Negotiations between Israel and Hamas to extend the Gaza truce were overshadowed at the last minute on Wednesday by an unconfirmed claim by Hamas that a family of Israeli hostages including a 10-month-old baby had been killed.
Shortly before the final release of women and children hostages scheduled under the truce, the military wing of Hamas said in a statement that the youngest hostage, baby Kfir Bibas, had been killed in an earlier Israeli bombing, along with his four-year-old brother Ariel and their mother.
Their father, who has also been held, was not mentioned in the statement.
Israeli officials said they were checking the Hamas claim, a highly emotive issue in Israel where the family is among the highest-profile civilian hostages yet to be freed.
“The IDF (Israel Defense Forces) is assessing the accuracy of the information,” the military said in a statement which added that it held Hamas responsible for the safety of all the hostages in Gaza.
Relatives had issued a special appeal for the family’s freedom after the children and their parents were excluded from the penultimate group freed on Tuesday.
An Israeli official said it would be impossible to extend the ceasefire on Thursday morning, due to a lapse, without a commitment to release all women and children among the hostages.
The official said Israel believed militants were still holding enough women and children to prolong the truce by 2-3 days.
Egyptian security sources also said negotiators believed a two-day extension was possible.
Families of those Israeli hostages due to be released later on Wednesday had already been informed earlier of their names, the final group to be freed under the truce unless negotiators succeeded in extending it.
Officials did not say at the time whether that included the Bibas family.
Gaza’s Hamas rulers published a list of 15 women and 15 teenage Palestinians to be released from Israeli jails in return for the hostages released on Wednesday.
The hostages were seized by militants in their deadly raid on Israel on Oct. 7.
For the first time since the truce began, the list of Palestinians to be freed included Palestinian citizens of Israel, as well as residents of occupied territory.
So far, Gaza militants have freed 60 Israeli women and children from among 240 hostages, under the deal that secured the war’s first truce.
At least 21 foreigners, mainly Thai farmworkers, were also freed under separate parallel deals.
In return, Israel has released 180 Palestinian security detainees, all women and teenagers.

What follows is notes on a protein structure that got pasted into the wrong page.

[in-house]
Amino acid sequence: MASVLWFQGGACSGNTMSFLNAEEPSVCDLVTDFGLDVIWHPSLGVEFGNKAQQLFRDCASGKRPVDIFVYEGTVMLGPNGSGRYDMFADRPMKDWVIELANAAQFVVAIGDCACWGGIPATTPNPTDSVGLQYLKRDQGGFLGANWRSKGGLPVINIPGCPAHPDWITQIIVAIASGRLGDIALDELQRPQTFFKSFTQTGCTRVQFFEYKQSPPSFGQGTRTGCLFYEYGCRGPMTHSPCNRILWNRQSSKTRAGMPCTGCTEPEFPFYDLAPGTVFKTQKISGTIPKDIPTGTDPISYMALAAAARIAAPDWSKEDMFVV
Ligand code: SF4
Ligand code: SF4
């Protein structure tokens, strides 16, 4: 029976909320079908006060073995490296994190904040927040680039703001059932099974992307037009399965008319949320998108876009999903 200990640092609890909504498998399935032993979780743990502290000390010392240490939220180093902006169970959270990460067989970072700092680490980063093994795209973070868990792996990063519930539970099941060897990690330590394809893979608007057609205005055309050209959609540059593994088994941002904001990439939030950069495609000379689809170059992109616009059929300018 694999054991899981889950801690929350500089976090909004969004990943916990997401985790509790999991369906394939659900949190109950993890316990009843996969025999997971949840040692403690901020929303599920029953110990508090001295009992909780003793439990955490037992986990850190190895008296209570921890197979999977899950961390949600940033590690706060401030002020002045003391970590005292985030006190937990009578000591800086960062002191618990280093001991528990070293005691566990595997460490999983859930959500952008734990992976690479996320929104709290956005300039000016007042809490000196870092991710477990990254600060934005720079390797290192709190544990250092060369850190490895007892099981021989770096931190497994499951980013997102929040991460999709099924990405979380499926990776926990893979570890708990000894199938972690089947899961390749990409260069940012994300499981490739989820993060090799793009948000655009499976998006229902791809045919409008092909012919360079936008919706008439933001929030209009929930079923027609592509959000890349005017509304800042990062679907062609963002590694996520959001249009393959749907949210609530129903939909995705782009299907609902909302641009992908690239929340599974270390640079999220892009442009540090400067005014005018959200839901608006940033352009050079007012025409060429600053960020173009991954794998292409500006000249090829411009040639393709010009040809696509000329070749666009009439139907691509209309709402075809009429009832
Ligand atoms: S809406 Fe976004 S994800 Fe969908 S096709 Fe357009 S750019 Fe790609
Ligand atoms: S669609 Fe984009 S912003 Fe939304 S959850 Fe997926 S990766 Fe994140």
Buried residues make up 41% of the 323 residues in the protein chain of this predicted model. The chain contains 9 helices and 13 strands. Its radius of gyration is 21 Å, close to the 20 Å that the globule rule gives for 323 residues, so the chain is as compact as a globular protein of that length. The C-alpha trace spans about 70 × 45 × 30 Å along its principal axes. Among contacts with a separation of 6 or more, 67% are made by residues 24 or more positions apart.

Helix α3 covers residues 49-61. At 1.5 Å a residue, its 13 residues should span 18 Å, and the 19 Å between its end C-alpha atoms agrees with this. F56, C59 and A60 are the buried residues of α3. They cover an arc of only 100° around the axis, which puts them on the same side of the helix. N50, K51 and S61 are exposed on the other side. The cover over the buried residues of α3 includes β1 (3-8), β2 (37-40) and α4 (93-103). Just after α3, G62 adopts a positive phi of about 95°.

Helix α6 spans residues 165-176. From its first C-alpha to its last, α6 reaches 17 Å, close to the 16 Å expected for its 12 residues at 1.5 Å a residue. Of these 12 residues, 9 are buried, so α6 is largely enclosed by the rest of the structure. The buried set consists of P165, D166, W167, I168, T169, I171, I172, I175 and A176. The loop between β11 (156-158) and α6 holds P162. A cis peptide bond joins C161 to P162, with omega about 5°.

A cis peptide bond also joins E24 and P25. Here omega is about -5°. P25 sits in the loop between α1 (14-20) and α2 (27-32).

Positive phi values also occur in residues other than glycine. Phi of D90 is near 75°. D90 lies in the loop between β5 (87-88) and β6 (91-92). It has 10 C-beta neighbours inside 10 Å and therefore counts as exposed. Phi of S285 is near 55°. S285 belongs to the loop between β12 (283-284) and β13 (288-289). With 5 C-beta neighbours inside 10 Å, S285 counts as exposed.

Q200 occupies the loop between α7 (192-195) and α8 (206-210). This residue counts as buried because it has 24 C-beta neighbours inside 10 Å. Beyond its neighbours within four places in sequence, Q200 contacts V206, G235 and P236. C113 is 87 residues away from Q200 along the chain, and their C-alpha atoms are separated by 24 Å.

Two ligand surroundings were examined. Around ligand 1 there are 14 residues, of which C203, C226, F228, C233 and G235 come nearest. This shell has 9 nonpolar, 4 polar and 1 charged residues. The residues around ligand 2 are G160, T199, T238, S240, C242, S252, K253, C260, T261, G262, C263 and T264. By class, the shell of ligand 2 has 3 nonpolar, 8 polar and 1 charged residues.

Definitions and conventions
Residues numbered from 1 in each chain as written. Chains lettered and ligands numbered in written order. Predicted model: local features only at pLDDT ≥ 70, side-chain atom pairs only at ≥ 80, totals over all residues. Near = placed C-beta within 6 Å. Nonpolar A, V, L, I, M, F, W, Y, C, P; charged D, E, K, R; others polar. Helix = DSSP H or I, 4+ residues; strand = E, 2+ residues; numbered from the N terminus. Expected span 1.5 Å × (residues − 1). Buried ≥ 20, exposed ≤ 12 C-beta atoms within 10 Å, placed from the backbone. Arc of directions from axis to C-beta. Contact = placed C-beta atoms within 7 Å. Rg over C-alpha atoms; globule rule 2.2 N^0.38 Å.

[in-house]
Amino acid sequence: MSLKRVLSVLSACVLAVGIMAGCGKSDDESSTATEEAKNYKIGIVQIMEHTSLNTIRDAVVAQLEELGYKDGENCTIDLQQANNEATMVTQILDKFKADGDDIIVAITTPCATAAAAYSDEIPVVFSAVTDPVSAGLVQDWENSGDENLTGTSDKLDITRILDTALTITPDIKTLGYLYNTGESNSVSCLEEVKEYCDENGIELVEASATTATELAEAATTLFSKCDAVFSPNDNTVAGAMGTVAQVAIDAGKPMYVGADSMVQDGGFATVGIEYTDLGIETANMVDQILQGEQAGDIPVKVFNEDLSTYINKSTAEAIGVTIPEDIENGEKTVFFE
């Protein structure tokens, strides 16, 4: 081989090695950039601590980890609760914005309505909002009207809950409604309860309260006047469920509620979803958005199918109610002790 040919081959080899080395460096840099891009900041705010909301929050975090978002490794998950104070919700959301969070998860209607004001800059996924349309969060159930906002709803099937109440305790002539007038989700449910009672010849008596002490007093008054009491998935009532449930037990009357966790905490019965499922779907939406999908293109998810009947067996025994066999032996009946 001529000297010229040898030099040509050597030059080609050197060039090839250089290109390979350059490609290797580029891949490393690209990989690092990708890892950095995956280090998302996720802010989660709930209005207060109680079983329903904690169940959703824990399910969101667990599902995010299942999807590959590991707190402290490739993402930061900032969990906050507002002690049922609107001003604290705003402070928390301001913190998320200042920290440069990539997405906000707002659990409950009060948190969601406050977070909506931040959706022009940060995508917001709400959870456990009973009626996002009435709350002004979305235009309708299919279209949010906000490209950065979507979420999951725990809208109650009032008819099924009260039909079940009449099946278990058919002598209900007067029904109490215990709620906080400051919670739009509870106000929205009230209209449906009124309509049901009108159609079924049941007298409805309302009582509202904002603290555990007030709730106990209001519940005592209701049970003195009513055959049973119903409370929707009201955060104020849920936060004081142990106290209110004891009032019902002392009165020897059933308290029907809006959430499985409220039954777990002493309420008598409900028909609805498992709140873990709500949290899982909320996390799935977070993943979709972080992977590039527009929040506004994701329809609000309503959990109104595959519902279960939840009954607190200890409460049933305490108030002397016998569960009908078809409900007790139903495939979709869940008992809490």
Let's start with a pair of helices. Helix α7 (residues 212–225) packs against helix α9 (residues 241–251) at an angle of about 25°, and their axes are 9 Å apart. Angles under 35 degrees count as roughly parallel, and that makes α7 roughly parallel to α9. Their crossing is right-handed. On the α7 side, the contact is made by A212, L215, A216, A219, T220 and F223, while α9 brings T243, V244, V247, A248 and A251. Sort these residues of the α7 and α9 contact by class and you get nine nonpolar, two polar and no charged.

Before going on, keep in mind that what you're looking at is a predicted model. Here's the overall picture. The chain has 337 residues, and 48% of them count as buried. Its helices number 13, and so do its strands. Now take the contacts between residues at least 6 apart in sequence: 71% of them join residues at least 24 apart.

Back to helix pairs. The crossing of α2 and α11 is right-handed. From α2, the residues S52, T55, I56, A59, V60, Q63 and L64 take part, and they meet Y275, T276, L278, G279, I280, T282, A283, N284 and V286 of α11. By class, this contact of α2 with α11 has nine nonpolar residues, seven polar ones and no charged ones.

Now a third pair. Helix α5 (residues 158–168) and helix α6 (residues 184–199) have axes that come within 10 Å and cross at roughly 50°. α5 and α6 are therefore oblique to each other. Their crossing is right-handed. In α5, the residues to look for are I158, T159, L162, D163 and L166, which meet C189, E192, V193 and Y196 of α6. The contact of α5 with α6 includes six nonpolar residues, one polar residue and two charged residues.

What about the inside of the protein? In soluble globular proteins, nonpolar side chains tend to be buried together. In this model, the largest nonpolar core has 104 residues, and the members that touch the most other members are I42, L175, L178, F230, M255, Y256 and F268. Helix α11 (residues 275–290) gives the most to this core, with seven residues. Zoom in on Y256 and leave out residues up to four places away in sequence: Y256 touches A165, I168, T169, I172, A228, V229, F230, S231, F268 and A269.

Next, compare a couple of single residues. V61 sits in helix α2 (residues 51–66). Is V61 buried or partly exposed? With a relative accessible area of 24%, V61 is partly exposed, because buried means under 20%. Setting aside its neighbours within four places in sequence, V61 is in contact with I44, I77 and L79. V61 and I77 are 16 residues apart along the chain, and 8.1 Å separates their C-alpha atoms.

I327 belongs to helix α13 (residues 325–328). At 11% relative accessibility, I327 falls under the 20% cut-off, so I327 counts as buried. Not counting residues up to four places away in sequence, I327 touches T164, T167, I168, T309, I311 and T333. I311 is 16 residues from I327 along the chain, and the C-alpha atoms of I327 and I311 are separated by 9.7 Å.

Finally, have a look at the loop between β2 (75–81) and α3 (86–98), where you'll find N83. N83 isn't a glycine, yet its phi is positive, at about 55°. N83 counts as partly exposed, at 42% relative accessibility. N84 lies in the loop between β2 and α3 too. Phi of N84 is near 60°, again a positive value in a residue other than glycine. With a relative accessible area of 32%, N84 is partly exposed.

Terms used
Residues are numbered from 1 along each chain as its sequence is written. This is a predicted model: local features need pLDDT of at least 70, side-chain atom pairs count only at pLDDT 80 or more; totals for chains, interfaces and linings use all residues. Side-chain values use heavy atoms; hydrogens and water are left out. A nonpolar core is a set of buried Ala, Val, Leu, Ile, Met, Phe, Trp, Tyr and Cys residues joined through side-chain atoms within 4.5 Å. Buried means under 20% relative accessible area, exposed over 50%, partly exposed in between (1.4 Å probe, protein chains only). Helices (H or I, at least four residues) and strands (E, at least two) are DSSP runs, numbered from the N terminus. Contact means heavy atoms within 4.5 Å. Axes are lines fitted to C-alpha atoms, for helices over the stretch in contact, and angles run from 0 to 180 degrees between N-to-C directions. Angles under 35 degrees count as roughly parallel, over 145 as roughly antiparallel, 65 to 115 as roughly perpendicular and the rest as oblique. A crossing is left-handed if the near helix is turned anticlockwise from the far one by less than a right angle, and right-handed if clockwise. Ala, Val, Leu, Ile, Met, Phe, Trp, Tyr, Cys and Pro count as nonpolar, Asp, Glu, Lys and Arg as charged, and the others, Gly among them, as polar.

The initial four-day truce was extended by 48 hours from Tuesday, and Israel said it would be willing to prolong it further for as long as Hamas frees 10 hostages a day.
But with fewer women and children still in captivity, that could mean agreeing to terms governing the release of at least some Israeli men for the first time.
A Palestinian official said negotiators were hammering out whether Israeli men would be released on different terms than the exchange for three Palestinian detainees each that had previously applied to the women and children.
Israeli government spokesperson Eylon Levy said Israel would consider any serious proposal, though he declined to provide further details.
“We are doing everything we can in order to get those hostages out. Nothing is confirmed until it is confirmed,” Levy told reporters in Tel Aviv.
“We’re talking about very sensitive negotiations in which human lives hang in the balance,” he added.
Prime Minister Benjamin Netanyahu repeated his earlier pledges to pursue the war to annihilate Hamas, once the ceasefire lapses.
“There is no way we are not going back to fighting until the end.
“This is my policy. The entire cabinet stands behind it. The entire government stands behind it. The soldiers stand behind it. The people stand behind it. This is exactly what we will do,” he said in a statement.
Tuesday’s release also included for the first time hostages held by Islamic Jihad, a separate militant group, as well as by Hamas itself.
“The ability of Hamas to secure the release of hostages held by other factions had been an issue in earlier talks.
The truce has brought the first respite to a war launched by Israel to annihilate Hamas after the “Black Shabbat” raid by gunmen who killed 1,200 people on the Jewish rest day, according to Israel’s tally.
Israeli bombardment has since reduced much of Gaza to a wasteland, with more than 15,000 people confirmed killed, 40 per cent of them children, according to Palestinian health authorities deemed reliable by the United Nations.
Many more are feared buried under the ruins. The Palestinian health ministry said another 160 bodies had been pulled out of rubble during the past 24 hours of the truce, and around 6,500 people were still missing.
Israel rejects calls for ceasefire before UN Security Council
Israel at the United Nations Security Council in New York on Wednesday rejected calls for a permanent ceasefire in the Gaza war.
Israeli UN Ambassador Gilad Erdan told the most powerful UN body that with a ceasefire in place, Israel would not be able to protect its citizens.
“Anyone who supports a ceasefire basically supports Hamas’ continued reign of terror in Gaza,” he said.
One could not demand a ceasefire and at the same time claim to be seeking a solution to the conflict, Erdan said further, noting that the militant Hamas is not a partner for reliable peace.
“Hamas has publicly stated – you all saw it – that it will repeat Oct. 7 over and over again until Israel is no more.
“How would you respond and defend your citizens from such a clear threat with a ceasefire?” he queried.
Erdan maintained that there could only be an end to the violence if Hamas handed over all its hostages and everyone else involved in the attack on Israel on Oct. 7.